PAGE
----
As much as I love a Vienna Beef dog, I wanted to be a little more adventurous with my encased meat choices. I opted for the Ohioana jumbo beef dog (sweet corn, pickle and jalapeno relish with a dash of celery salt) and a Zippity Zam bratwurst (spicy sriracha cream cheese and roasted red peppers):

We also got an order of fresh cut fries (covered in cheese and bacon) and a side of mac 'n' cheese topped with three whole sport peppers. The fries were about as good as you'd expect, long and stringy, covered with ample cheddar and bacon bits. The mac by itself was creamy and perfect (Lessner has nailed this at her other restaurants) but the addition of the spicy sport peppers really added a depth that mac 'n' cheese often lacks.


Dirty Frank's really delivers. The Dog From Hell's pickled vegetables and cream cheese played off each other so well that it almost made you forget there was a delicious hot dog under there. A bite of all three at once was heaven in a poppy-seed bun.

I've eaten Chicago-style hot dogs from several of the Windy City's best regarded establishments (the aforementioned Hot Doug's, Portillo's, Superdawg, etc.) and the Dirty Frank's Chicago dog is every bit as good as any of them. They use all the right ingredients, including the neon green relish and sport peppers you can only get from Vienna. A Chicago dog is not for everyone (salad on a bun?), but if you're a fan, this will not disappoint.

I think I may have made a tactical error with my Zippity Zam: I replaced the regular hot dog with a beef brat, and I think that sausage's strong flavor overwhelmed the mild complexities of the roasted red pepper. Red peppers go great with almost anything, but their subtle decadence was muscled out by the brute force of the brat. I'll give it another shot with the regular hot dog next time.

The real highlight here was the Ohioana. Dirty Frank's corn relish is such a wonderful compliment to a great all-beef hot dog. It's sweet (corn), tart (pickle) and spicy (jalapeno) all at once and just perfectly accentuates the flavor of the hot dog beneath.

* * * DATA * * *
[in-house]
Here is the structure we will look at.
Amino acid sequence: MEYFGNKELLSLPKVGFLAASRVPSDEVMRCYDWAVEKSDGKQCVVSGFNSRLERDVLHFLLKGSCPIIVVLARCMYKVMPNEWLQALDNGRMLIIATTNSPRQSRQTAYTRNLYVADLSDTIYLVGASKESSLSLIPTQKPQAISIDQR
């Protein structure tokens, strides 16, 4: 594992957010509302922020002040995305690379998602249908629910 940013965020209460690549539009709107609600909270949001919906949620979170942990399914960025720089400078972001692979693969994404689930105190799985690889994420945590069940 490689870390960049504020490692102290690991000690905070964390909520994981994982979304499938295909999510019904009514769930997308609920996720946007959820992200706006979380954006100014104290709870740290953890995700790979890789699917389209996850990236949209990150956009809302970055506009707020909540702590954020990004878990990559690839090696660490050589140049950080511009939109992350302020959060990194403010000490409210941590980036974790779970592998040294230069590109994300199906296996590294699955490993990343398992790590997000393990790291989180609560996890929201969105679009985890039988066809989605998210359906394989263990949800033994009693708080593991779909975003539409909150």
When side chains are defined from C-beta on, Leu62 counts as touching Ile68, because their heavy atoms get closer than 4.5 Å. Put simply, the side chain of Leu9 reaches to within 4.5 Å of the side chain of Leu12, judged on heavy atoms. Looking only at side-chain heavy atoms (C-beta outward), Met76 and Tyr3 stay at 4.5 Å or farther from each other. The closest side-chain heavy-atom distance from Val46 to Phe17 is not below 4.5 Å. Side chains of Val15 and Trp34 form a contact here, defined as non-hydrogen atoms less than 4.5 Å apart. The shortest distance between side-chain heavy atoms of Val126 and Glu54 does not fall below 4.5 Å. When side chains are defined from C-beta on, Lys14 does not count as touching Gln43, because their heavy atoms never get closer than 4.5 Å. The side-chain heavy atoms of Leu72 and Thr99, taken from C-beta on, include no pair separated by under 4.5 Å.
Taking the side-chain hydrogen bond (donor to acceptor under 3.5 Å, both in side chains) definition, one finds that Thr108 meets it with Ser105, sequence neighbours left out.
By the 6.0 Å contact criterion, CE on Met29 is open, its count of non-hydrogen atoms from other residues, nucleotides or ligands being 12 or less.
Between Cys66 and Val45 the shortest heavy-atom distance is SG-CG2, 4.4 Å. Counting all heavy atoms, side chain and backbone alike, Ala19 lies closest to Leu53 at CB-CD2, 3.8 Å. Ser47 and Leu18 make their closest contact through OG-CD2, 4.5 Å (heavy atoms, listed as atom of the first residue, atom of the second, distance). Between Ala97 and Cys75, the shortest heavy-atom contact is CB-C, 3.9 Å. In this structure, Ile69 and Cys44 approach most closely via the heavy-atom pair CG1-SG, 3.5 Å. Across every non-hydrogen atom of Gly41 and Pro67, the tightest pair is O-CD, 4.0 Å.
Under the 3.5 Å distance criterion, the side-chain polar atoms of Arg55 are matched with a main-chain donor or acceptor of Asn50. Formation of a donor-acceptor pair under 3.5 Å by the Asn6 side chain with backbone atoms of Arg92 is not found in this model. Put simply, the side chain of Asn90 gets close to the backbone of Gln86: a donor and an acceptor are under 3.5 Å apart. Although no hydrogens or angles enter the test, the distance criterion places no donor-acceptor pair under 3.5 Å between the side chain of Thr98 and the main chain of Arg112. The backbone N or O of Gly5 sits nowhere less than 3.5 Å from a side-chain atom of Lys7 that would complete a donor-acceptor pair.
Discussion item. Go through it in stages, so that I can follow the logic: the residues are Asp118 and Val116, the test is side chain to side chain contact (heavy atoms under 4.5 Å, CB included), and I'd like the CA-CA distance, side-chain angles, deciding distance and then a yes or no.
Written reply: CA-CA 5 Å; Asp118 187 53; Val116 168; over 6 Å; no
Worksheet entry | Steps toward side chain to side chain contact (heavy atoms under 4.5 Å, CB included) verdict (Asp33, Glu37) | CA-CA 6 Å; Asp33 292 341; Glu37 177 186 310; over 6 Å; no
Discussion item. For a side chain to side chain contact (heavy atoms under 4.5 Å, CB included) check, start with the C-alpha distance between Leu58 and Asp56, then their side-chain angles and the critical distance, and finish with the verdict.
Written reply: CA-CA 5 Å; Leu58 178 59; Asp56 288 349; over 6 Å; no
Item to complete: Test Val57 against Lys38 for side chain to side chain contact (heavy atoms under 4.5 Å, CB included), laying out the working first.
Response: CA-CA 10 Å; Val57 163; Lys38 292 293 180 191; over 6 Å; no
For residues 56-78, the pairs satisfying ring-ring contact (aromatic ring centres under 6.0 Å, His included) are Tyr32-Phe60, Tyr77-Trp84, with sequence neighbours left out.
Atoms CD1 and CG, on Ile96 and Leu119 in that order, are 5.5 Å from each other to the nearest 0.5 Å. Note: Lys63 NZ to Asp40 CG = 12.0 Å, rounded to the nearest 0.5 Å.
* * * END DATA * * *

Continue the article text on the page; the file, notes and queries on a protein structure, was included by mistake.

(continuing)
Not only did all of these dogs surpass all expectations, but the price is perfect: every hot dog on the menu is only $3, with the option to upgrade to a polish sausage, brat, jumbo dog, or even a veggie dog for a small additional charge. Some of these dogs are worth twice the price, but in this economy, who wants a high-falutin' fancy frank that'll dent your wallet?

Dirty Frank's got everything right, down to the last bite. Well, WELL worth the wait.

Wednesday, July 1, 2009

life's not fair foods

this one's for you, luce':

With warm weather here it's time for outdoor adventures. This usually means carnivals, fairs, festivals, and amusement parks. And spending time at these attractions builds an appetite. Luckily for you fairs and parks are rarely without a midway cram-jammed with questionable carts hocking iffy eats, but hey that's half the fun right? Mounds of greasy food washed down with hose-water lemonade? Tastes like summer, no?

But have you ever stopped to wonder what your jamming in your face hole while getting ogled by carnies? If not it's probably for the best, but for you curious and stout hearted readers follow this link to a recent MSN article about the nutrition--or lack thereof--of midway munchies: